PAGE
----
What’s it like to be raised in a financially-disadvantaged household? I know how it feels. That’s why I have decided to share three lessons, based on my life experiences from growing up.
First, a few facts. Child poverty is high in the developed world. In the USA, the poverty rate was 15.6%, or 11.5 million children living below the poverty threshold, in 2016. In Canada, the national average was 18.5%, or 1.2 million children, in 2016. In France, UNICEF reported a rate of 1 in 5 children (roughly 20%) living below the poverty line in 2015. Now, I can’t say how far below the poverty line I was but I was raised in a lower, middle-class family. I never went hungry, but my diet often consisted of oatmeal and cheap canned goods. Also, I always had enough clothes, even though most were hand-me-downs. Growing up in an affluent area, where most of my schoolmates were from wealthy households, posed a bit of a challenge. I later realized it was also a blessing when I became the first in my family to graduate with a MBA from college.
Today, I find it insane how some people can look down on others, who are from poorer backgrounds, as if they were ‘less than.’ Take, for example, an unbelievable conversation between a couple that I happened to overhear recently. I’m in the cashier’s line at the supermarket when I hear, “If they’re so poor, how come they can afford phones, fast food, coffee..?” The line of conversation that followed was disheartening. Clearly, they were of the opinion that whoever they were discussing should live a certain way, just because they were poor. What I don’t think they get is the fact that there’s a reason why shopping is called ‘retail therapy;’ it can make you feel better. It’s an escape from poverty-induced stress, even if you still have to worry about the bills, rent, mortgage, etc. Plus, it’s natural to feel like you’re being judged for not having certain things. Just imagine how you’d feel if you always had to do without all the luxuries you currently enjoy.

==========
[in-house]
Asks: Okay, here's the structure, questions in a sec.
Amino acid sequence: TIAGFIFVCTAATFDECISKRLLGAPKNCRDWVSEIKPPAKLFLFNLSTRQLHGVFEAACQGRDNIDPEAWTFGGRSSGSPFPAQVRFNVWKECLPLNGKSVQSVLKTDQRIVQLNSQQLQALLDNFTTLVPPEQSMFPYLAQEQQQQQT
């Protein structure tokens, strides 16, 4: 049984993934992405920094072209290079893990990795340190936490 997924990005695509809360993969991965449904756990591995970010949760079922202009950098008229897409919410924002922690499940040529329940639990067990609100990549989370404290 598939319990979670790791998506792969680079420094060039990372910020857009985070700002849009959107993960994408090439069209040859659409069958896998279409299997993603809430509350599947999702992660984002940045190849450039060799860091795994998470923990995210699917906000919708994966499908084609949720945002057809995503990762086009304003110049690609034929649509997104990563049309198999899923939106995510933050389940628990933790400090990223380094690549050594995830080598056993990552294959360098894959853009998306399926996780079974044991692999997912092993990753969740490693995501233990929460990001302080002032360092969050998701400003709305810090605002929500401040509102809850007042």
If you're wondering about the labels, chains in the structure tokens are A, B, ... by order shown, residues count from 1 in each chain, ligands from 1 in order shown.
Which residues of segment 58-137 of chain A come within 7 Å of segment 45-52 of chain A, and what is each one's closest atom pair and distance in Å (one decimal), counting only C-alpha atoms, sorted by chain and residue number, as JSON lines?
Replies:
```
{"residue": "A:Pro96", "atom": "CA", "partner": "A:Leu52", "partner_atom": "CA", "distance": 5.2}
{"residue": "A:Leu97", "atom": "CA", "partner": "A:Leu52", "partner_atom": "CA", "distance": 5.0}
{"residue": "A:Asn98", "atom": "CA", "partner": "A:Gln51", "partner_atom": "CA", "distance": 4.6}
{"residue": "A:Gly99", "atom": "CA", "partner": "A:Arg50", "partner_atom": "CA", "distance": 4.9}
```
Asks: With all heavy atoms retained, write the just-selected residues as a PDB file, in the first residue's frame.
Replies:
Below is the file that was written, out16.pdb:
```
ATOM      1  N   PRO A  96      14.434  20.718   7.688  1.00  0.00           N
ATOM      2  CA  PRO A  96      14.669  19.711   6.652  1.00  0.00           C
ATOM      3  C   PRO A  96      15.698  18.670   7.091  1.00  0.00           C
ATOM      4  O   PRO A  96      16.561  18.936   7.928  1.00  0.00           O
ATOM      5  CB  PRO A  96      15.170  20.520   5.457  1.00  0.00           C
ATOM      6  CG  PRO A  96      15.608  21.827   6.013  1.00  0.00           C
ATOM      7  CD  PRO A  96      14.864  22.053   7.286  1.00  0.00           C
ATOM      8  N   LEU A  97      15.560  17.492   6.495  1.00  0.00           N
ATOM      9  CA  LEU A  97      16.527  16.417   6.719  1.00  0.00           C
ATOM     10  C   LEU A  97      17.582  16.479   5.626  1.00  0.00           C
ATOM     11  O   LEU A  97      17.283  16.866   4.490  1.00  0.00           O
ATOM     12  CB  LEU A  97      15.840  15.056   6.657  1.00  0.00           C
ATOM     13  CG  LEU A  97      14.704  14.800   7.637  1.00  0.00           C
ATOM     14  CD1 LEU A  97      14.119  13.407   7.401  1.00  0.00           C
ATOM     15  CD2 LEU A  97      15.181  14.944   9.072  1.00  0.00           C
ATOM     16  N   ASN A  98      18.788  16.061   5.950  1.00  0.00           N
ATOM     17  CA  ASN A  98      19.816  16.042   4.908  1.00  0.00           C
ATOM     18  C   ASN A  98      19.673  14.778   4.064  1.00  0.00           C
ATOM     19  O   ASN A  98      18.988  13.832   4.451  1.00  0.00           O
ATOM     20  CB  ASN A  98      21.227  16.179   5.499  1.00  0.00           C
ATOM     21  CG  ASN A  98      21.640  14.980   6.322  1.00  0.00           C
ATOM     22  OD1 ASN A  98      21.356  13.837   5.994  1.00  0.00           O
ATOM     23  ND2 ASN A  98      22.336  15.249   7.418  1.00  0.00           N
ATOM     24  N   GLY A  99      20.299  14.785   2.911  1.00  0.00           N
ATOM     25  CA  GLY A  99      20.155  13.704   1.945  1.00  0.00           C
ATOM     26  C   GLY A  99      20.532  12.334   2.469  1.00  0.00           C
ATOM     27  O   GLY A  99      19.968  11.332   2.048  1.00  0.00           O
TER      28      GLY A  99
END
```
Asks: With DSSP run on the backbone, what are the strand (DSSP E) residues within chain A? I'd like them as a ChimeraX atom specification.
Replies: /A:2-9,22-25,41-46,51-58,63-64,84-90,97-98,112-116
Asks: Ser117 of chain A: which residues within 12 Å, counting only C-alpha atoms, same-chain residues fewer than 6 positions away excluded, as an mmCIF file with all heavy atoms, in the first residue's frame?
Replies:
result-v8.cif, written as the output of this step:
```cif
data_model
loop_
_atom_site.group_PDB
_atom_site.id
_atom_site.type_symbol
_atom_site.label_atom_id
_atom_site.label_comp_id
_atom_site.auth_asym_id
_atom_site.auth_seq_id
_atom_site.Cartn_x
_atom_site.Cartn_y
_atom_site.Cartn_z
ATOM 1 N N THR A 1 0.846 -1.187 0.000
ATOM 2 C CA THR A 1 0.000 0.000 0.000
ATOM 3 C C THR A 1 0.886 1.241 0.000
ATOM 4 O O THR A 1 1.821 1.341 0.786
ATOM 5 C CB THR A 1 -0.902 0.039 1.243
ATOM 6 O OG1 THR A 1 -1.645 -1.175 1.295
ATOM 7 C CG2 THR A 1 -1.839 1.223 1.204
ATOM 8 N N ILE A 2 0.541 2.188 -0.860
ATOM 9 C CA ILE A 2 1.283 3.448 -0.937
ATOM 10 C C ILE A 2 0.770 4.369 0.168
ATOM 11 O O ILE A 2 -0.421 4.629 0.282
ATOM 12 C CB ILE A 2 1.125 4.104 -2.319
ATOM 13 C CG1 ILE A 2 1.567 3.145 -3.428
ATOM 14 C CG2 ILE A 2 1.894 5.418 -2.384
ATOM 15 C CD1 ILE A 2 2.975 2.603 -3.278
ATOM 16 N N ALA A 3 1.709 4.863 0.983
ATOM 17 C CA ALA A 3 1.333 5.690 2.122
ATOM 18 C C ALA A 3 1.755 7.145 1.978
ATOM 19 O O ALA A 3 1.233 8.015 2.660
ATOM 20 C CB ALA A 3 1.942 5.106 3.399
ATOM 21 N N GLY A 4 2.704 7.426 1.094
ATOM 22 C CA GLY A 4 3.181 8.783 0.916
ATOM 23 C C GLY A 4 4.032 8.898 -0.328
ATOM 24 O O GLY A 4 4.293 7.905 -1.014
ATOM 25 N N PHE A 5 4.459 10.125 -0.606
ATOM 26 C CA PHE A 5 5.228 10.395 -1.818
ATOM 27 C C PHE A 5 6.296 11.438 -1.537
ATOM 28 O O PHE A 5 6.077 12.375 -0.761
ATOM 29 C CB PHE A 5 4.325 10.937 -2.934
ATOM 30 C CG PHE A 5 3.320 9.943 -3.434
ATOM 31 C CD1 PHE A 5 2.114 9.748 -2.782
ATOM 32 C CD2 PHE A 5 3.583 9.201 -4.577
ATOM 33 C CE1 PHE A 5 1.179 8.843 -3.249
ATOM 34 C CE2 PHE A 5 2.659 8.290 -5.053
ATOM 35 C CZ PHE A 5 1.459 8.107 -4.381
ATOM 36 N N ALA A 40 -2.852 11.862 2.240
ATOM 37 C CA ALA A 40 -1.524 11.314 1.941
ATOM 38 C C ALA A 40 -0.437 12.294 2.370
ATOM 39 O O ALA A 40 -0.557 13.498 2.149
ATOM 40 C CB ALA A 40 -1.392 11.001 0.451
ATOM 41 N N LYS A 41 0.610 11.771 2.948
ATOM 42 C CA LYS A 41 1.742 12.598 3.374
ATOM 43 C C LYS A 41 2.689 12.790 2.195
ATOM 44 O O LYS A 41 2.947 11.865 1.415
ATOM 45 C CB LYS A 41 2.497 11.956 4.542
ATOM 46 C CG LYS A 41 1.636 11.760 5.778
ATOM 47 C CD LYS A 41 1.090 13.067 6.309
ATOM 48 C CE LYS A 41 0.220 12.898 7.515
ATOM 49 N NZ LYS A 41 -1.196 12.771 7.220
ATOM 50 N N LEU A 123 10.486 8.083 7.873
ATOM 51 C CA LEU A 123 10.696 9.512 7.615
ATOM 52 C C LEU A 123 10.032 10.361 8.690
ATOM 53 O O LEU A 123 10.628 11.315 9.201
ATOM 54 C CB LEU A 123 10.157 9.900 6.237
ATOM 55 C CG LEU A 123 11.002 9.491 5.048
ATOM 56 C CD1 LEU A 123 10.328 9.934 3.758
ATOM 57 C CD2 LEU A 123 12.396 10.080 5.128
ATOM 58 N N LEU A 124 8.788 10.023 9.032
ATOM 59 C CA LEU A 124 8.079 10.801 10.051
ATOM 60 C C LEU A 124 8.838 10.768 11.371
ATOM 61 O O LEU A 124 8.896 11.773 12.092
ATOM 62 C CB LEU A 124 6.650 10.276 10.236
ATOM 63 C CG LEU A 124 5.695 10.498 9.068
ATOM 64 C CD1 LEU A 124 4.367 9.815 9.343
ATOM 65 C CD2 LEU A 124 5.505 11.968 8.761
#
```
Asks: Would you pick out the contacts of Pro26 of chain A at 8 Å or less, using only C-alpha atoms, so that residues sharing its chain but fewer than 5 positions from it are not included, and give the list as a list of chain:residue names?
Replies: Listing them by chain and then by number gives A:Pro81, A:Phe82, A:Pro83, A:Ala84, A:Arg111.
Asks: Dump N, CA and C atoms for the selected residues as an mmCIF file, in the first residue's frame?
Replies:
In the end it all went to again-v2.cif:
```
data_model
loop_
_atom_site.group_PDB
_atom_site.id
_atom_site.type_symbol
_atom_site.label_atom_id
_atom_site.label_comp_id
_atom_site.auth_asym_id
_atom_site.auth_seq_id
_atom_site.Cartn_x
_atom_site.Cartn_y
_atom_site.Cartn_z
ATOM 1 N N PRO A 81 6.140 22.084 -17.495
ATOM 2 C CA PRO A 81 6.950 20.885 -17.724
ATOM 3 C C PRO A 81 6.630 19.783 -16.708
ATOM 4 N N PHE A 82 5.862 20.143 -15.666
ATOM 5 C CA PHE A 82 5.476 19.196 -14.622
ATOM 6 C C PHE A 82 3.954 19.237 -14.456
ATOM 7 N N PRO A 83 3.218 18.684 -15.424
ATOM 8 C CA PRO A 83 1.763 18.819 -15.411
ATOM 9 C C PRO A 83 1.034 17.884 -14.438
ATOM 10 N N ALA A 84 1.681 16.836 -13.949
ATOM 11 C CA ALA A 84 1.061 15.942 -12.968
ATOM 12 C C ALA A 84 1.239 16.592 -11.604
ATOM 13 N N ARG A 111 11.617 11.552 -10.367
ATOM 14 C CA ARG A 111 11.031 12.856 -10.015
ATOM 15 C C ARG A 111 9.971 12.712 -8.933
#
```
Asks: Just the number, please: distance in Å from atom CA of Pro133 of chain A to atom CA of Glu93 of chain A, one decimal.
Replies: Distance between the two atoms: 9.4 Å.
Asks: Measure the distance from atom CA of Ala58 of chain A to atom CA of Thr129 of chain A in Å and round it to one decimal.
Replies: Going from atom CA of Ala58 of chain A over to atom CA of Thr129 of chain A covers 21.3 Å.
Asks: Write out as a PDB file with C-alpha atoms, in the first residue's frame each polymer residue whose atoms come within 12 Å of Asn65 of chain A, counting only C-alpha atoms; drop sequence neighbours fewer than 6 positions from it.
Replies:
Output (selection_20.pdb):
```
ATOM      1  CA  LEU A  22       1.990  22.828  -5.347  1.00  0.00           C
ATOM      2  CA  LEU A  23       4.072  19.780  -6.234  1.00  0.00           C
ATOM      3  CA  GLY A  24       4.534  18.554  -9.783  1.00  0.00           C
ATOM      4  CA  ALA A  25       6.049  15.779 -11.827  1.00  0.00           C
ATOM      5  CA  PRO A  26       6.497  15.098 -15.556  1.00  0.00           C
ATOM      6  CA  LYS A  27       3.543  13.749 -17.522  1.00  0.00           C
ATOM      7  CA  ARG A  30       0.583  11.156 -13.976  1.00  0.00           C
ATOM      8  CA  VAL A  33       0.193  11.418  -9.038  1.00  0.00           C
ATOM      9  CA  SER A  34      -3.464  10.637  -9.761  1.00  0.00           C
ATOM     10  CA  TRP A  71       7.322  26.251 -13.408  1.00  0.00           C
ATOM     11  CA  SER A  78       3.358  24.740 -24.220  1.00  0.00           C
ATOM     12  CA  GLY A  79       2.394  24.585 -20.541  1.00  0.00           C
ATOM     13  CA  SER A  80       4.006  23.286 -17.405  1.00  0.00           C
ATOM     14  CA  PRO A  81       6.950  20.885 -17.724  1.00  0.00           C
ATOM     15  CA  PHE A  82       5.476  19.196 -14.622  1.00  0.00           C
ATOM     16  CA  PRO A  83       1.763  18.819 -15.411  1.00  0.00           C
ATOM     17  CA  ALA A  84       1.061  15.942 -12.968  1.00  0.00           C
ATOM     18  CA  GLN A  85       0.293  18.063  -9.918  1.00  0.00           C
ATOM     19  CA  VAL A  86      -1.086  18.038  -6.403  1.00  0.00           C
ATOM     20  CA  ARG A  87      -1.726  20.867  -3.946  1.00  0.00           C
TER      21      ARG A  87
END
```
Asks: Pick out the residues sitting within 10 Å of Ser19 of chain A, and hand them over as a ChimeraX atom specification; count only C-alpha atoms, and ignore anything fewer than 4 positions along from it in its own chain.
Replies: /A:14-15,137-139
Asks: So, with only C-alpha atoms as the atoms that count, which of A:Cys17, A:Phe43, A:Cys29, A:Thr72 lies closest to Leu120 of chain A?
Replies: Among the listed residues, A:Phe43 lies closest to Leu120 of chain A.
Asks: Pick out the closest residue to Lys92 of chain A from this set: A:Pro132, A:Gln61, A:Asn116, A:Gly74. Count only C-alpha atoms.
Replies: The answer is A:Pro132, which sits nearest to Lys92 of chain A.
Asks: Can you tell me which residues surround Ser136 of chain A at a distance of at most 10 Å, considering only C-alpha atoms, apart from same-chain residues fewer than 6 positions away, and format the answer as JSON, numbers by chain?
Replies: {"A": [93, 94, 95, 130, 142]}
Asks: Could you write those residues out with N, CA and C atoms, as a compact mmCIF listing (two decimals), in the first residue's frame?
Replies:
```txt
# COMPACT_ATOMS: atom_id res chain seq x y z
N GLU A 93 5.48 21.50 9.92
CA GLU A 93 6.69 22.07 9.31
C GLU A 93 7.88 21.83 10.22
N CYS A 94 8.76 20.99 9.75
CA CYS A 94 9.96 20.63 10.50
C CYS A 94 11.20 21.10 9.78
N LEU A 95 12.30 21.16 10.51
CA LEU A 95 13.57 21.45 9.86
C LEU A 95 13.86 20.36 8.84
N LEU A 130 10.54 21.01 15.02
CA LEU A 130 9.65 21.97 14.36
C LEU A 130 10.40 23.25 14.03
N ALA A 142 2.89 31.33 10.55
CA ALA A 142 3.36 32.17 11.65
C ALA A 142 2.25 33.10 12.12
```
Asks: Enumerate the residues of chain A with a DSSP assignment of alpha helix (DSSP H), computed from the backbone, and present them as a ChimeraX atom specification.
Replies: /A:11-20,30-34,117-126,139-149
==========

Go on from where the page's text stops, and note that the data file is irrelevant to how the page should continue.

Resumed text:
Now that I’ve made my case, let me get back to the lessons I mentioned earlier:
- Being thankful I never had the best or most of anything but I taught myself to appreciate whatever I was given, and to take care of them so they would last a long time.
- Frugal eating habits There was always only just enough food, so I learned to eat until the hunger had ceased, instead of eating until I was stuffed. I am thankful for this because I never had an issue with being overweight.
- The far-reaching effects This is more of a fact than a lesson. Poverty puts destabilizing pressure on parents that often spills over, which can leave lifelong effects on young children. For me, it has had the effect of often being nervous.
My final thoughts on this is to never view people from less-fortunate backgrounds as projects who need your help, but instead as people who need love and respect. You can write me in the comment section and share your opinion, or let me know you read today’s post.
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